My colleagues in the majority maintain that the District Court misapplied the standard of review at the motion-to-dismiss stage.1 I do not agree. A district court must accept all factual allegations in the complaint as true and construe the complaint in the light most favorable to the plaintiff. Phillips v. Cty. of Allegheny, 515 F.3d 224, 233 (3d Cir. 2008). It need not, however, credit naked assertions or bald allegations “devoid of ‘further factual enhancement.’ ” Ashcroft v. Iqbal, 556 U.S. 662, 678 (2009) (quoting Bell Atl. Corp. v. Twombly, 550 U.S. 544, 557 (2007)). Further, a district court should not credit mere speculation or “unsupported conclusions and unwarranted inferences.” Baraka v. McGreevey, 481 F.3d 187, 195 (3d Cir. 2007) (citing Schuylkill Energy Res., Inc. v. Pa. Power & Light Co., 113 F.3d 405, 417 (3d Cir. 1997)); see also Twombly, 550 U.S. at 555 (“Factual allegations must be enough to raise a right to relief above the speculative level.”). A district court should disregard labels and legal conclusions, and “a formulaic recitation of the elements of a cause of action will not do.” Twombly, 550 U.S. at 555. To require anything less here would be to “unlock the doors of discovery for a plaintiff armed with nothing more than conclusions.” Iqbal, 556 U.S. at 678–79.
To state a prima facie case under CEPA, a plaintiff must establish that:
(1) he or she reasonably believed that his or her employer's conduct was violating either a law, rule, or regulation promulgated pursuant to law, or a clear mandate of public policy; (2) he or she performed a ‘whistle-blowing’ activity described in N.J.S.A. 34:19-3c; (3) an adverse employment action was taken against him or her; and (4) a causal connection exists between the whistle-blowing activity and the adverse employment action.
Dzwonar v. McDevitt, 828 A.2d 893, 900 (N.J. 2003).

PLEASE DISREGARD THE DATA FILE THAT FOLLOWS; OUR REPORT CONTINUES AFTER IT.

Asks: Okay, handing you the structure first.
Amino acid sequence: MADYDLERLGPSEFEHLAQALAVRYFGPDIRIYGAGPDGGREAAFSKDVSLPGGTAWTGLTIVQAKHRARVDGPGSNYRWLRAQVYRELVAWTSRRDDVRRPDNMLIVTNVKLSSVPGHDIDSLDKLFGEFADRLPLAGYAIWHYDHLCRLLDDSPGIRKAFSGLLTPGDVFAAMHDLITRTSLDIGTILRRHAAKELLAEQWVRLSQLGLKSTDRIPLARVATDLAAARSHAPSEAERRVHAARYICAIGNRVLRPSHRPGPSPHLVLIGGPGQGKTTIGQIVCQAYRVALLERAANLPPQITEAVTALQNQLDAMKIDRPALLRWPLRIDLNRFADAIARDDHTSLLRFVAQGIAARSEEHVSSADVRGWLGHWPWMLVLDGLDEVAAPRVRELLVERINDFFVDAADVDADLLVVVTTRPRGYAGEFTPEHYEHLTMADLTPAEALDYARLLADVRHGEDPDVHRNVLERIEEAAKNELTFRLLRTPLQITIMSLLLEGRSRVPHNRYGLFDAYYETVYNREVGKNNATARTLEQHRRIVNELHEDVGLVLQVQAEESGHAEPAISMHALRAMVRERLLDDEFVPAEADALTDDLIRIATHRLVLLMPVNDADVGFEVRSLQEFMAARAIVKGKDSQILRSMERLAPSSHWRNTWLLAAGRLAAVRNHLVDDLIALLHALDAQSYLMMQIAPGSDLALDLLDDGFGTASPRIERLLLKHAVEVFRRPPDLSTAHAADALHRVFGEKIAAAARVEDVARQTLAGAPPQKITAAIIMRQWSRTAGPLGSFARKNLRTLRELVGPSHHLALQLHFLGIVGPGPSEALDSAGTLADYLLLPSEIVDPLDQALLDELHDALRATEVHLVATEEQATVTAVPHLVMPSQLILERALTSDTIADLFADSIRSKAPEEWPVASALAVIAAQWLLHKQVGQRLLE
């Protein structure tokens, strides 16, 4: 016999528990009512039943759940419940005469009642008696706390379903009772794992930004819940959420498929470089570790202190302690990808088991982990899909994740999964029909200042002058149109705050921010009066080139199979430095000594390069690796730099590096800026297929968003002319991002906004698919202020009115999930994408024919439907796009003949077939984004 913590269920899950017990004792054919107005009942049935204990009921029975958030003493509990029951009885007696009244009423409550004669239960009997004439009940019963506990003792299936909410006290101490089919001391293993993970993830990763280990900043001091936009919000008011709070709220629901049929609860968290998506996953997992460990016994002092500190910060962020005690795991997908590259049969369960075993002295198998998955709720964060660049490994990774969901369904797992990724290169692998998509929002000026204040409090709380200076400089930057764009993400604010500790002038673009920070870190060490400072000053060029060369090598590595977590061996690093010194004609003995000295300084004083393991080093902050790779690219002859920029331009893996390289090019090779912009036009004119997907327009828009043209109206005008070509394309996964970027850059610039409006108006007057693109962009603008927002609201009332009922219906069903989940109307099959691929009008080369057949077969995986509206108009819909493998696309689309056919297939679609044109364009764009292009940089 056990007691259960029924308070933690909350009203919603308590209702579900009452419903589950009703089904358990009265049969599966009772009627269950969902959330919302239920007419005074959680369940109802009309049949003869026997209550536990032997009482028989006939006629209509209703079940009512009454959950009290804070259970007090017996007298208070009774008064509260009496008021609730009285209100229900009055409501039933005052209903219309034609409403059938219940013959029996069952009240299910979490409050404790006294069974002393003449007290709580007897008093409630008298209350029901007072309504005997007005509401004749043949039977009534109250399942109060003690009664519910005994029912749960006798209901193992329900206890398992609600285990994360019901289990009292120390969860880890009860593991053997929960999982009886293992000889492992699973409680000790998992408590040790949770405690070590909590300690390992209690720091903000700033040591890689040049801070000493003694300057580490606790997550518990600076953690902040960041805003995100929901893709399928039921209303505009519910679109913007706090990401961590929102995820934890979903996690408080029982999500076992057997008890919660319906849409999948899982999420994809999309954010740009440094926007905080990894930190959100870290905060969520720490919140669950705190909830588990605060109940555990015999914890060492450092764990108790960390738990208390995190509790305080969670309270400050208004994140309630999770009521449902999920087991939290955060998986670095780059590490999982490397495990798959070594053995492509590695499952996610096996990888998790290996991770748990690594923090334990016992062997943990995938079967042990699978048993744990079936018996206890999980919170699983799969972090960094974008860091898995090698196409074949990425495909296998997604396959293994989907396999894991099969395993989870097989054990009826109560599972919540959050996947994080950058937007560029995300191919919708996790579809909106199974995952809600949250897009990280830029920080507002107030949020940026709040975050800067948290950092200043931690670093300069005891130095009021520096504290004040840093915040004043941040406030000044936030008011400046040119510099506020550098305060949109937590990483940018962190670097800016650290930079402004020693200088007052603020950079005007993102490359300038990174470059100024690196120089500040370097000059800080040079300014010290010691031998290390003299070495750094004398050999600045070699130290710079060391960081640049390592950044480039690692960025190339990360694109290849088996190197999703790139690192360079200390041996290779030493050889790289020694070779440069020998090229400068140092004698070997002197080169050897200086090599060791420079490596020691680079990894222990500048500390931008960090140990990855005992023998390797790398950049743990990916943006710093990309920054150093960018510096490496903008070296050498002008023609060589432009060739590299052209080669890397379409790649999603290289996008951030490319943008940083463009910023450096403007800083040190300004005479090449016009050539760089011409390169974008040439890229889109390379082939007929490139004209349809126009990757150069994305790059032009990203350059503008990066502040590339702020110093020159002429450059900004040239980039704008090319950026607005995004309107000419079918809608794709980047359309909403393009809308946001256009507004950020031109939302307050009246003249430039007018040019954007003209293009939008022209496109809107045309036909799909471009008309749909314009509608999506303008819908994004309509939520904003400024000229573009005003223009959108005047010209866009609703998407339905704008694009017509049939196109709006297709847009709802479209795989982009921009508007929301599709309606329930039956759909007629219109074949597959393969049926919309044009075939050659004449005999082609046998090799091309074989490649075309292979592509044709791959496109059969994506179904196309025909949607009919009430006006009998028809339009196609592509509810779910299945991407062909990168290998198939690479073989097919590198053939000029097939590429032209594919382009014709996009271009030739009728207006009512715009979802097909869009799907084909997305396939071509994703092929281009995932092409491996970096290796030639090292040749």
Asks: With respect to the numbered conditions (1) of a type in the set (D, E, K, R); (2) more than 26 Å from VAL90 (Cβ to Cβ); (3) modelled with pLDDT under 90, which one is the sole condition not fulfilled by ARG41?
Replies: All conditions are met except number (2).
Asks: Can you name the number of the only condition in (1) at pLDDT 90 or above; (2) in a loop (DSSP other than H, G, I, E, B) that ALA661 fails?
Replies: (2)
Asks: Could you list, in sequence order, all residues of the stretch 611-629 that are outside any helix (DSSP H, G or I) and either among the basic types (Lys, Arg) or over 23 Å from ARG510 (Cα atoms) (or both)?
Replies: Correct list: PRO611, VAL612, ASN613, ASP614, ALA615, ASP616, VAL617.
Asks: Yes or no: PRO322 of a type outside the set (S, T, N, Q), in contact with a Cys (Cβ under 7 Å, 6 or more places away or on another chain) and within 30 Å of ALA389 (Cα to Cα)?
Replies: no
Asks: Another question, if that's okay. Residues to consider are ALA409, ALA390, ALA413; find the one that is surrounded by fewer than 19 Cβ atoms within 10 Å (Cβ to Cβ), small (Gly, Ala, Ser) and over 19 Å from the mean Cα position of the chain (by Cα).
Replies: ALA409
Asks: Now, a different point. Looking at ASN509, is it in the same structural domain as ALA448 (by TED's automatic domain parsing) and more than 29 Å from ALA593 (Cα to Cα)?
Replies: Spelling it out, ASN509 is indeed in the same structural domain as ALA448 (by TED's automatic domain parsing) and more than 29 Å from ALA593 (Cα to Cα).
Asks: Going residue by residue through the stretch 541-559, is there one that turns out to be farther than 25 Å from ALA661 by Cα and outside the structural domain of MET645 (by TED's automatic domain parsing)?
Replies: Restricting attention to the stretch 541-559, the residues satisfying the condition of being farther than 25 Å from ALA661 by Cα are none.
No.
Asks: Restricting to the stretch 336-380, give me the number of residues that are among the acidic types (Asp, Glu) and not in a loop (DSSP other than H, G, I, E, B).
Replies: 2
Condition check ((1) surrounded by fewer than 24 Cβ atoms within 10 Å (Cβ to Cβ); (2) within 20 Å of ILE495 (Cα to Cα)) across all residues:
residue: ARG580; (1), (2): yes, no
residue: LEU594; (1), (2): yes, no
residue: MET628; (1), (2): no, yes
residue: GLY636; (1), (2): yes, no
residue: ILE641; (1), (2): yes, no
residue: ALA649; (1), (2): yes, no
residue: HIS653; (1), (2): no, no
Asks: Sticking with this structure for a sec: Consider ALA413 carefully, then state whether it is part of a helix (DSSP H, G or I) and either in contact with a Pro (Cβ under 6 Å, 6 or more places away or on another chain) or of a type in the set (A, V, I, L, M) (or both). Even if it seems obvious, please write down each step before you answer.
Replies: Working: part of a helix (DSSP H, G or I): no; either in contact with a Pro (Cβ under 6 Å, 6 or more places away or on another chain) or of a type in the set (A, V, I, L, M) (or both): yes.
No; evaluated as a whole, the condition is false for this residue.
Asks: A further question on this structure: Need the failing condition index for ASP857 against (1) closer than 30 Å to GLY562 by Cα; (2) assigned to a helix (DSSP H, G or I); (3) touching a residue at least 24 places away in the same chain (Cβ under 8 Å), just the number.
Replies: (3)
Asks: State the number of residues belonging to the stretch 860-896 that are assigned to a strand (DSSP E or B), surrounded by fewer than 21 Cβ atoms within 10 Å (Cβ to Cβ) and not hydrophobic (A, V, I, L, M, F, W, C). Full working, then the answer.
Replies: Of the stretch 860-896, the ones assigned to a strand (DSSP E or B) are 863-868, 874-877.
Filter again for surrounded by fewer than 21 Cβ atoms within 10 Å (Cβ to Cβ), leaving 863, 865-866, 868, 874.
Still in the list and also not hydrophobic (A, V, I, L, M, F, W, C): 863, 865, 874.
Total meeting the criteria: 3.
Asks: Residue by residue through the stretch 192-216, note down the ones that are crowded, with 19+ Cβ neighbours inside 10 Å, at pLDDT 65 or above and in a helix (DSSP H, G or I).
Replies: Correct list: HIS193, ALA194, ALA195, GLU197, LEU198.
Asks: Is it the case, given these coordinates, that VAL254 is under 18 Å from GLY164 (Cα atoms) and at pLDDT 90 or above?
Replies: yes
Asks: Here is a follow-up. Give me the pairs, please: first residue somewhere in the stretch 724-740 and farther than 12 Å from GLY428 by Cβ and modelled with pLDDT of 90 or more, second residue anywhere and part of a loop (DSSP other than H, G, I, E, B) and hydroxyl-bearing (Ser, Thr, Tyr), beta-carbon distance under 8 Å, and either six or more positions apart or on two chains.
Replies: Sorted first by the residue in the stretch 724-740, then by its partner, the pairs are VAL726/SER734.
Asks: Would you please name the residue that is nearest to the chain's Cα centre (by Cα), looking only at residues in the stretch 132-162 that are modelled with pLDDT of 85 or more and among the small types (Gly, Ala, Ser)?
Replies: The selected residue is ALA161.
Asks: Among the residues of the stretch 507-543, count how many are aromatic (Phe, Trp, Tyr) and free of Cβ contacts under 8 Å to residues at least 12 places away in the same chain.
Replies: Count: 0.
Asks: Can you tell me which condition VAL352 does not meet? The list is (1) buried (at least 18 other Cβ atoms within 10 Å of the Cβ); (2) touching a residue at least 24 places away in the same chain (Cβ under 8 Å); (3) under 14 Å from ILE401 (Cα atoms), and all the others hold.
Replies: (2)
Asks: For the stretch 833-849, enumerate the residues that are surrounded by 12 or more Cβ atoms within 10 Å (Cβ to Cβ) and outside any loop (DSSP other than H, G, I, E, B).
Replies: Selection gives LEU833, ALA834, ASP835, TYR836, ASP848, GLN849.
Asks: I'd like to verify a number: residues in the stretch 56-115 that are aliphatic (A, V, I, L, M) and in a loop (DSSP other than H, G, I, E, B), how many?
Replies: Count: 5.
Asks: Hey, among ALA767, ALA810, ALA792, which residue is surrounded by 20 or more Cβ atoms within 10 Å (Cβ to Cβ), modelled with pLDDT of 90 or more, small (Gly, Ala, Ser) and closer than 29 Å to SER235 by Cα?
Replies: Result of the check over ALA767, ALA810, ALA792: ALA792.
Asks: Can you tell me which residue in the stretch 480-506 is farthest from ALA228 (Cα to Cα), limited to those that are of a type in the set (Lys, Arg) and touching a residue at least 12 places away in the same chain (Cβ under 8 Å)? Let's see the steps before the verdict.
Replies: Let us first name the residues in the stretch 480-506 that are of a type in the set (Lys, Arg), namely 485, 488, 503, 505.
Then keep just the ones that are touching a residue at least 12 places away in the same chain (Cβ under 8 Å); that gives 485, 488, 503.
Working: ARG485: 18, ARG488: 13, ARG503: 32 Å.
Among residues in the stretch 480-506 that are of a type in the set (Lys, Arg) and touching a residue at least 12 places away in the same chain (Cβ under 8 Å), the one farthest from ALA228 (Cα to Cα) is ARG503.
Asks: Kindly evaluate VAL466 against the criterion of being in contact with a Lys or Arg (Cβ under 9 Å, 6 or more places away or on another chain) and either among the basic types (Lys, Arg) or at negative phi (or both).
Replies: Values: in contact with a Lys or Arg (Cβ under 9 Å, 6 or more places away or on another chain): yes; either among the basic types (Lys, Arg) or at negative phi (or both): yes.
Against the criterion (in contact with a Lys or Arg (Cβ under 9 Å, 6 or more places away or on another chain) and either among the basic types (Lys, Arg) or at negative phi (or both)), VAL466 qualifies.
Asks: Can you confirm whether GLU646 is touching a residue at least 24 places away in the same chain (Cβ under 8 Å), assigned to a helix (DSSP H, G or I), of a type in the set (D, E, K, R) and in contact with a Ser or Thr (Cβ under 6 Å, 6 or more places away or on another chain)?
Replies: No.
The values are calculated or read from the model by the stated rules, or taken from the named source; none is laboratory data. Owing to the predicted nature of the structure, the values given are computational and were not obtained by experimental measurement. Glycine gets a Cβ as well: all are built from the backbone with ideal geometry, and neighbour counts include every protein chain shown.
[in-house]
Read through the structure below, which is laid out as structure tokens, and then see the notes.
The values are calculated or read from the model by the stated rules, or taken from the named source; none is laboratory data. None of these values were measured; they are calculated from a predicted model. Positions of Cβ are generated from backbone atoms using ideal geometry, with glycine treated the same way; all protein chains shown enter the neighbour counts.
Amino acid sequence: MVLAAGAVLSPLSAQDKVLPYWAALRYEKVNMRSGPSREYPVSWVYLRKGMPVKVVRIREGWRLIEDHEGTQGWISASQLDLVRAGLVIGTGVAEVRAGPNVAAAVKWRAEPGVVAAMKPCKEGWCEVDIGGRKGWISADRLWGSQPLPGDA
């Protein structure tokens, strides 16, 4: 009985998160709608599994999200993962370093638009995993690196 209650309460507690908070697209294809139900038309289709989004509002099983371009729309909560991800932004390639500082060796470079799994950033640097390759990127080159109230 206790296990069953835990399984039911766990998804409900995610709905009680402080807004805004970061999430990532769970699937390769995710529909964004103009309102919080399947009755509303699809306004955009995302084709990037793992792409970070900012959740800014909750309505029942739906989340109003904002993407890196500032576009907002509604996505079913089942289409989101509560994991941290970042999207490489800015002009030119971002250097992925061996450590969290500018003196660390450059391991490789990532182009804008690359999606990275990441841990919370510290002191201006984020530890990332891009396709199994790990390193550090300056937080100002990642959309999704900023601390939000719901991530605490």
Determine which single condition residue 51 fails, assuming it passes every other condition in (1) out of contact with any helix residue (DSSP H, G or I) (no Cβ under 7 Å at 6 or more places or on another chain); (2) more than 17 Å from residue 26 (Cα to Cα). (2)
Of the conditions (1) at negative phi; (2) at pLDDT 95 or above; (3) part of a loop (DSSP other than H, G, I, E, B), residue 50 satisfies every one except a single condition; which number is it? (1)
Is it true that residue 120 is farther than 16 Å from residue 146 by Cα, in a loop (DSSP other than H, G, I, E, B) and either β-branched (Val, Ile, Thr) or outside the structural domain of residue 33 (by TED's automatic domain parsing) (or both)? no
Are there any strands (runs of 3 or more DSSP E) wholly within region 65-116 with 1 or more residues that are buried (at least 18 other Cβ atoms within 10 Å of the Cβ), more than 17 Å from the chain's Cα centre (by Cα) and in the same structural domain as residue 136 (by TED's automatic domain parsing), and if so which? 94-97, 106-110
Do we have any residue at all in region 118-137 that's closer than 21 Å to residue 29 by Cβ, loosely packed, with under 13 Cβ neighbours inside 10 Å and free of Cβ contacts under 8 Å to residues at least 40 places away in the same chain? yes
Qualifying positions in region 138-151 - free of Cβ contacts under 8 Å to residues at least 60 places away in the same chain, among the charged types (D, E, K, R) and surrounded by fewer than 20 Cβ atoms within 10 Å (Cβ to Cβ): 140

Trzaska's amended complaint fails to satisfy the first element of the CEPA prima facie case. This is because he has failed to meet the requirement that “a plaintiff must set forth facts that would support an objectively reasonable belief that a violation has occurred.” Id. at 901.
The New Jersey Supreme Court, in evaluating the reasonableness of a plaintiff's beliefs regarding an employer's conduct, has cautioned that CEPA “is not intended to spawn litigation concerning the most trivial or benign employee complaints.” Estate of Roach v. TRW, Inc., 754 A.2d 544, 552 (N.J. 2000). CEPA thus does not protect “chronic complainers or those who simply disagree with their employer's lawful actions.” Blackburn v. United Parcel Serv., 179 F.3d 81, 93 n.4 (3d Cir. 1999); see also Young v. Schering Corp., 645 A.2d 1238, 1246 (N.J. Super. Ct. App. Div. 1994) (noting that CEPA “was not intended to provide a remedy for wrongful discharge for employees who simply disagree with an employer's decision, where that decision is entirely lawful”), aff'd, 660 A.2d 1153 (N.J. 1995). Nor does it “shelter every alarmist who disrupts his employer's operations by constantly declaring that illegal activity is afoot-or ․ is about to be afoot.” Blackburn, 179 F.3d at 93 n.4. New Jersey courts have therefore held that a plaintiff who “simply disagrees with the manner in which the [employer] is operating” may not proceed on a CEPA claim. Hitesman v. Bridgeway Inc., 93 A.3d 306, 320 (N.J. 2014) (quoting Klein v. Univ. of Med. & Dentistry of N.J., 871 A.2d 681, 689 (N.J. Super. Ct. App. Div. 2005)).